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Tuesday, June 24, 2008

Audit Firm Litigation,Fin'l Info Released By Treasury, CAQ;Att'y-Client Priv. Bill Gains Support;FASB, Lawyers Meet on FAS 5

In a little noticed development, the U.S. Treasury Advisory Committee on the Auditing Profession (ACAP) released information on the litigation exposure and other financial, governance and human resource information of the six largest audit firms. The information consists of 3 separate reports provided to ACAP earlier this year by the Center for Audit Quality (CAQ), affiliated with the AICPA. CAQ gathered the information from the audit firms for consistency, used a law firm to help organize the data, and provided detail in the aggregate, or in some cases, in the form of averages, to protect confidentiality of the individual firms. See “Reports of the Major Public Company Audit Firms to the Department of the Treasury Advisory Committee on the Auditing Profession” – which were posted via a link on ACAPs website posted June 16 under “Data Matrices.”

ACAP’s discussion during its open meetings on the topic of auditor liability was commented on by Jim Peterson in his blog, Re: Balance on Friday. Peterson, who formerly served as a senior in-house lawyer with a major accounting firm, and whose columns have appeared in the International Herald Tribune, Journal of Accountancy, and elsewhere, wrote: “Did anyone really think that the endless chatter about saving the system of privately-provided audits for large global companies would come to anything? If so, that fantasy was dispelled on June 3, in the closing minutes of the latest meeting of the U.S. Treasury’s Advisory Committee on the Auditing Profession – webcast here. In his summation, Co-Chairman Don Nicholaisen explicitly stated that, with an insubstantial exception, the Committee’s recommendations ‘do not address catastrophic risk’ of the loss of the Big Four.” See also our earlier coverage of the June 3 ACAP meeting (our June 9 blog post), and related analysis by Francine McKenna, author of the Re: The Auditors blog (and her earlier post here).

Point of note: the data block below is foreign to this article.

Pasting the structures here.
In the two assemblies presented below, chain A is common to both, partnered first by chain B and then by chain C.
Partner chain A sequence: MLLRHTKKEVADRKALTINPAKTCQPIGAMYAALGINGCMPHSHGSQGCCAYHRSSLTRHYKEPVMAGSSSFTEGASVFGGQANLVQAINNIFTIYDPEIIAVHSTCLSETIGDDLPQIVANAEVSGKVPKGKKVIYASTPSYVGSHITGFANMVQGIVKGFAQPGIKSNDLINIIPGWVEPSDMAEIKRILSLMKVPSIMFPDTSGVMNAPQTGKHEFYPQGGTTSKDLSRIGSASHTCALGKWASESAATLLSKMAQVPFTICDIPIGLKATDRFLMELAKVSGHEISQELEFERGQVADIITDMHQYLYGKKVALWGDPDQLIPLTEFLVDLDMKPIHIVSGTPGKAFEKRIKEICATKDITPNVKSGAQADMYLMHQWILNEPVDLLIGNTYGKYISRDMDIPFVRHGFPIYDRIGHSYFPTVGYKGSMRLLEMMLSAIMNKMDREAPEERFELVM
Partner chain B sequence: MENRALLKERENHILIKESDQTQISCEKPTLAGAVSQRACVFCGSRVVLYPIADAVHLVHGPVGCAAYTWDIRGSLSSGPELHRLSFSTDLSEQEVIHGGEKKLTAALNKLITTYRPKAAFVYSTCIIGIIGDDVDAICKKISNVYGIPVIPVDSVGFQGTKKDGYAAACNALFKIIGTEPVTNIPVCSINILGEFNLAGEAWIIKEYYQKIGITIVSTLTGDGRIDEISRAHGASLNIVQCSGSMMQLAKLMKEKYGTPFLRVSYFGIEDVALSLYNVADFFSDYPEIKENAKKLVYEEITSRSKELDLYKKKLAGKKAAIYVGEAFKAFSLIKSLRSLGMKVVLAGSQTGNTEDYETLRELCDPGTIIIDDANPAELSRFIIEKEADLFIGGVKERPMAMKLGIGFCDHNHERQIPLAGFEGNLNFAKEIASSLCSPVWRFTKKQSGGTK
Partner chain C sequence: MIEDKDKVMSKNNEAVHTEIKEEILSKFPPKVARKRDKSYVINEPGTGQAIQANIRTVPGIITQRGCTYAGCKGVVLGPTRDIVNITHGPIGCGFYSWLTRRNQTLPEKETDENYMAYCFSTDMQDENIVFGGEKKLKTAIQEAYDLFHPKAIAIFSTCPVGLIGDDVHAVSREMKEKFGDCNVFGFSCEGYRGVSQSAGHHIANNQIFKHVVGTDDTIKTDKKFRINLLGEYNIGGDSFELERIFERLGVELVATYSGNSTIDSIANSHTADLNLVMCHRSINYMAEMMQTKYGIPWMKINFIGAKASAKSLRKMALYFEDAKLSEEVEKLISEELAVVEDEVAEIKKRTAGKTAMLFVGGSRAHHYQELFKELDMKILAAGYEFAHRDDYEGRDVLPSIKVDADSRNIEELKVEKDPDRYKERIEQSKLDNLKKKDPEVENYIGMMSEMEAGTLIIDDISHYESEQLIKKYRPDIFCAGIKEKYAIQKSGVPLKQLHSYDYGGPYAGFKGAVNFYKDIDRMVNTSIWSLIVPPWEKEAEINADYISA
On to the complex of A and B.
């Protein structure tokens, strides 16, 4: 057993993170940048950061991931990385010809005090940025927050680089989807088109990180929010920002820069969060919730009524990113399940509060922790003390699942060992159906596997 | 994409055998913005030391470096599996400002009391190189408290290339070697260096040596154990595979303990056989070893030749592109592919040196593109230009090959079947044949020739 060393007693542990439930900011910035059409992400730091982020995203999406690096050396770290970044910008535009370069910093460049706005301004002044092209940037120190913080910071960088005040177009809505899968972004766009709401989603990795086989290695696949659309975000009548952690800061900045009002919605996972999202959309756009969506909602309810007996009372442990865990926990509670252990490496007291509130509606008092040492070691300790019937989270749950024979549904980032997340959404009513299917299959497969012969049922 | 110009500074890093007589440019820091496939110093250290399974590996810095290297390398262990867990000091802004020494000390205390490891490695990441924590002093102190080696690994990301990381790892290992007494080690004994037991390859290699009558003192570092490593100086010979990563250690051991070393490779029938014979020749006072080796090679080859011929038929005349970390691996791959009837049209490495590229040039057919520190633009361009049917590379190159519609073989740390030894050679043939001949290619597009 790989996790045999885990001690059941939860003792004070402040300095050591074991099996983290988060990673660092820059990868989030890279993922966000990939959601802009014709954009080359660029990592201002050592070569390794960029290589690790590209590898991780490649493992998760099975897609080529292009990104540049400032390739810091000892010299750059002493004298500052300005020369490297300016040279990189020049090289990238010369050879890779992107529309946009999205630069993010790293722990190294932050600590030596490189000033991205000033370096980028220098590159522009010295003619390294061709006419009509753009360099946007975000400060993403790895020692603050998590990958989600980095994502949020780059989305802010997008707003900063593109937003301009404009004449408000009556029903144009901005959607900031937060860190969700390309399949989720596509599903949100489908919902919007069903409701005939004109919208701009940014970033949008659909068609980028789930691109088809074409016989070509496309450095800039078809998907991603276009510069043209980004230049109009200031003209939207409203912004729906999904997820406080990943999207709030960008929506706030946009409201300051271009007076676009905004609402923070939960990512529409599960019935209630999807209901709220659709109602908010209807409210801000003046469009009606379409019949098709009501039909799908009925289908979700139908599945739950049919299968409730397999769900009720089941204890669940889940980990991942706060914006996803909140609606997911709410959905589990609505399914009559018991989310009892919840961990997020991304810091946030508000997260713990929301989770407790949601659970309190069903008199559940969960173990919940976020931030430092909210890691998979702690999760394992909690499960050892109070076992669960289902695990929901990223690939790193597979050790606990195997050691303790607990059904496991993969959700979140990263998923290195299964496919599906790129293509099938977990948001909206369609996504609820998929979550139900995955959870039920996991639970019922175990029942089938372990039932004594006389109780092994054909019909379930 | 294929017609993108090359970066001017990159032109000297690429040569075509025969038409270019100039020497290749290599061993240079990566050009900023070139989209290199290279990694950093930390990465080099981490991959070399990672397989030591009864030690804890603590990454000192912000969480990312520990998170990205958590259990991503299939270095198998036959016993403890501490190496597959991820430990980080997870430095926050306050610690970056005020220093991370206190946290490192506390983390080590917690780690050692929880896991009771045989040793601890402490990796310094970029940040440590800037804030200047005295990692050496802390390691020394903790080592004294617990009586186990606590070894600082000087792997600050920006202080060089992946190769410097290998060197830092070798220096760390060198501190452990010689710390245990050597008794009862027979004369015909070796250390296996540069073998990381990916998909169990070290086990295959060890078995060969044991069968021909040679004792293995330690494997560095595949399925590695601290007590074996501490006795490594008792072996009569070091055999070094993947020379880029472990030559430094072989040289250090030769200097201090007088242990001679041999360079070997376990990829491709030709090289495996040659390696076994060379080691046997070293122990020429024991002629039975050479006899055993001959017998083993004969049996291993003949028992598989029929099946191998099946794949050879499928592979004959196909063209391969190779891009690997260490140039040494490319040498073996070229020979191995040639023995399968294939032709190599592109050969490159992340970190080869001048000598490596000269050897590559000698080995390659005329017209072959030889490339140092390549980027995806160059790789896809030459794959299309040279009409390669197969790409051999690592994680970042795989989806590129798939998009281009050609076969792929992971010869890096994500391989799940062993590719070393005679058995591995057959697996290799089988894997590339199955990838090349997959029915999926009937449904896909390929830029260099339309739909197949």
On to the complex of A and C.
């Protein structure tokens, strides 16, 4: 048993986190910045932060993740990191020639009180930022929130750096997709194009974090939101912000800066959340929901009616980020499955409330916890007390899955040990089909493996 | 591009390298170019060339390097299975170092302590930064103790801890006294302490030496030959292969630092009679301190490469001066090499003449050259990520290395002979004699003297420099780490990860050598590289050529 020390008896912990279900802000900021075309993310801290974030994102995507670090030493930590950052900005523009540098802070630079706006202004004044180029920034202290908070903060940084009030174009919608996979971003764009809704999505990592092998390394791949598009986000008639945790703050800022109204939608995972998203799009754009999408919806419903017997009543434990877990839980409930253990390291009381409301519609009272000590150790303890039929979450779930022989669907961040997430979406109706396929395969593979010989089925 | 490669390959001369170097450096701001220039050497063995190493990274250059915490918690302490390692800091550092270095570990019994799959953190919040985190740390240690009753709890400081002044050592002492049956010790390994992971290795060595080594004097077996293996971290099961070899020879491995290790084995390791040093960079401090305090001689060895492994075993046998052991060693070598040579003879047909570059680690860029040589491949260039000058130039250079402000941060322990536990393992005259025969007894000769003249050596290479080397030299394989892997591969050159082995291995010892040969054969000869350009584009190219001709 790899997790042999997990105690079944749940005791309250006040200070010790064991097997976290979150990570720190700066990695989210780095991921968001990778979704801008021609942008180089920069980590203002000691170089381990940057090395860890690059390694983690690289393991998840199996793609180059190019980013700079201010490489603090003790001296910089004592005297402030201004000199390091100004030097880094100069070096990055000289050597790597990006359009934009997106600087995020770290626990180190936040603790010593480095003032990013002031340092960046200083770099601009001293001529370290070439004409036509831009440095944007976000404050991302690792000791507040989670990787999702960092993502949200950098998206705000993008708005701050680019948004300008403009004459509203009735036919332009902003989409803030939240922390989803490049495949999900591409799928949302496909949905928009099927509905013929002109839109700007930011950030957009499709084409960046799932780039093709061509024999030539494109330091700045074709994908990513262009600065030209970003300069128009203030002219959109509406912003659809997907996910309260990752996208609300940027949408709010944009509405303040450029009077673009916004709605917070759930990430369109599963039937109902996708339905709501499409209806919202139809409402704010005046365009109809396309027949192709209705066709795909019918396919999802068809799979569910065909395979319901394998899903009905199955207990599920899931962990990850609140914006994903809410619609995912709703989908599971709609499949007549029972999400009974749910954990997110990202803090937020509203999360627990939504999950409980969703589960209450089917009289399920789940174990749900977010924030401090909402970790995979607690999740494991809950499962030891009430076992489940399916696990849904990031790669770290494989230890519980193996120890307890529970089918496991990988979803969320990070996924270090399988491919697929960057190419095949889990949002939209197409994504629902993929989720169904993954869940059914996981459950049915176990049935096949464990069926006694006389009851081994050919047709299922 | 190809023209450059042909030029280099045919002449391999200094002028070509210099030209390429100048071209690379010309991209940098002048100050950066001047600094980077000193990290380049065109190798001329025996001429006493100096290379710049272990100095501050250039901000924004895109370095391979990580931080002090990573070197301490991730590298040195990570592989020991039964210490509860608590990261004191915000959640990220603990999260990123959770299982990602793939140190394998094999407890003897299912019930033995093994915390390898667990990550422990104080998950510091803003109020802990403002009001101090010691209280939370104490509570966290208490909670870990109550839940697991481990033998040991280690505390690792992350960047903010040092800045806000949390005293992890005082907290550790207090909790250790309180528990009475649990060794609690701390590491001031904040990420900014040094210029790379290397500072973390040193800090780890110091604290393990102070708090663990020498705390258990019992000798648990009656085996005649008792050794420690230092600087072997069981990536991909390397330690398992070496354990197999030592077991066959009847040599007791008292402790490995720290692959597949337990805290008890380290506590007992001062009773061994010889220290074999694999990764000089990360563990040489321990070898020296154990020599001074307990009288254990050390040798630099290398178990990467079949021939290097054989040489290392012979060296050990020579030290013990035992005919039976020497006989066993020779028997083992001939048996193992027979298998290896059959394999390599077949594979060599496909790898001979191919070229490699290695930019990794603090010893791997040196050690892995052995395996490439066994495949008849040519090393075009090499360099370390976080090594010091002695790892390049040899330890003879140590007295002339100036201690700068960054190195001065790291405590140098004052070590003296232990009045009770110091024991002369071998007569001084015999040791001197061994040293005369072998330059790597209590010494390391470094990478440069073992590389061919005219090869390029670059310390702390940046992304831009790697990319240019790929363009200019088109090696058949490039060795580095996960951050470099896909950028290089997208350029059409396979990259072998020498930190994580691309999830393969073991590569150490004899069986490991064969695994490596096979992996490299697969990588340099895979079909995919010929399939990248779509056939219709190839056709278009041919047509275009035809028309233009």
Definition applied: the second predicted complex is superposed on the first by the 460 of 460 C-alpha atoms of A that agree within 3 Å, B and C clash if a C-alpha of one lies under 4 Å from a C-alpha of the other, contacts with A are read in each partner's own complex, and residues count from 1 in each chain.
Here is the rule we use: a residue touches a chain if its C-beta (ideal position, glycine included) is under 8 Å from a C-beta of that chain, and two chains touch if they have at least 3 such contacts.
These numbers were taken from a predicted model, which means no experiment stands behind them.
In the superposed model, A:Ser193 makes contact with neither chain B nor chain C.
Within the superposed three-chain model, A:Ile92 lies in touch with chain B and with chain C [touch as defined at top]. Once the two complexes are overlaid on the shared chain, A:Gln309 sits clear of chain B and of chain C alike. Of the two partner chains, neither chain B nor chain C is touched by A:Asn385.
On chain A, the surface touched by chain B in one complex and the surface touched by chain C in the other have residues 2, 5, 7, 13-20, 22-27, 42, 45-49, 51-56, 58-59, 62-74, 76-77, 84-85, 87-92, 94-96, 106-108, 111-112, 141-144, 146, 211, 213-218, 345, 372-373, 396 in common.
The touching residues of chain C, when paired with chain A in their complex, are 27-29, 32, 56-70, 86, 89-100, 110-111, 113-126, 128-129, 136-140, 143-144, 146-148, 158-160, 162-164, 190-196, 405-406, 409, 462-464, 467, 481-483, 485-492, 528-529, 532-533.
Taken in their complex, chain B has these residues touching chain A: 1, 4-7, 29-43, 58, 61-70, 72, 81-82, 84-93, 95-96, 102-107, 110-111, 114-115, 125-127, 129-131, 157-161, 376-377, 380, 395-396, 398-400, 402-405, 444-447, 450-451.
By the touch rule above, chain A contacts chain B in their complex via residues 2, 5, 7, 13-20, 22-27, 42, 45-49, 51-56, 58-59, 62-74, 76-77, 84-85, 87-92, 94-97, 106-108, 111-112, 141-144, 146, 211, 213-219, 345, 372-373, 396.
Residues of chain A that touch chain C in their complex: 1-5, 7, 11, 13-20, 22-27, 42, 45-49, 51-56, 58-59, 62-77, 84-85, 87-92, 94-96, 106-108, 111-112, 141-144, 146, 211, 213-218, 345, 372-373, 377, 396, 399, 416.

Attorney-Client Privilege Bill Gains Support
Lynnley Browning reported in yesterday’s New York Times, in her article, “Bill to Protect Companies in Inquiries Adds Support,” that, “Nearly three dozen former federal prosecutors have thrown their weight behind a Congressional bill intended to safeguard confidential communications between lawyers and their clients, a legal bedrock that has come under attack amid corporate fraud scandals.”

“The closely watched bill,” Browning continues, “would make it illegal for prosecutors and other federal enforcement officials, including those at the Securities and Exchange Commission, to demand that a company under investigation disclose confidential legal communications or risk being indicted — a corporate death knell.”

The bill in question is the Attorney-Client Privilege Protection Act of 2007, sponsored in the Senate by Senate Judiciary Chair Sen. Arlen Specter, (see related info here), with a similar bill sponsored in the House Committee on the Judiciary, chaired by Congressman John Conyers, Jr.
Dan Slater provided a link to the letter in his post in the Wall Street Journal Law Blogyesterday, along with a link to related info on the proposed legislation on the website of the National Association of Criminal Defense Lawyers.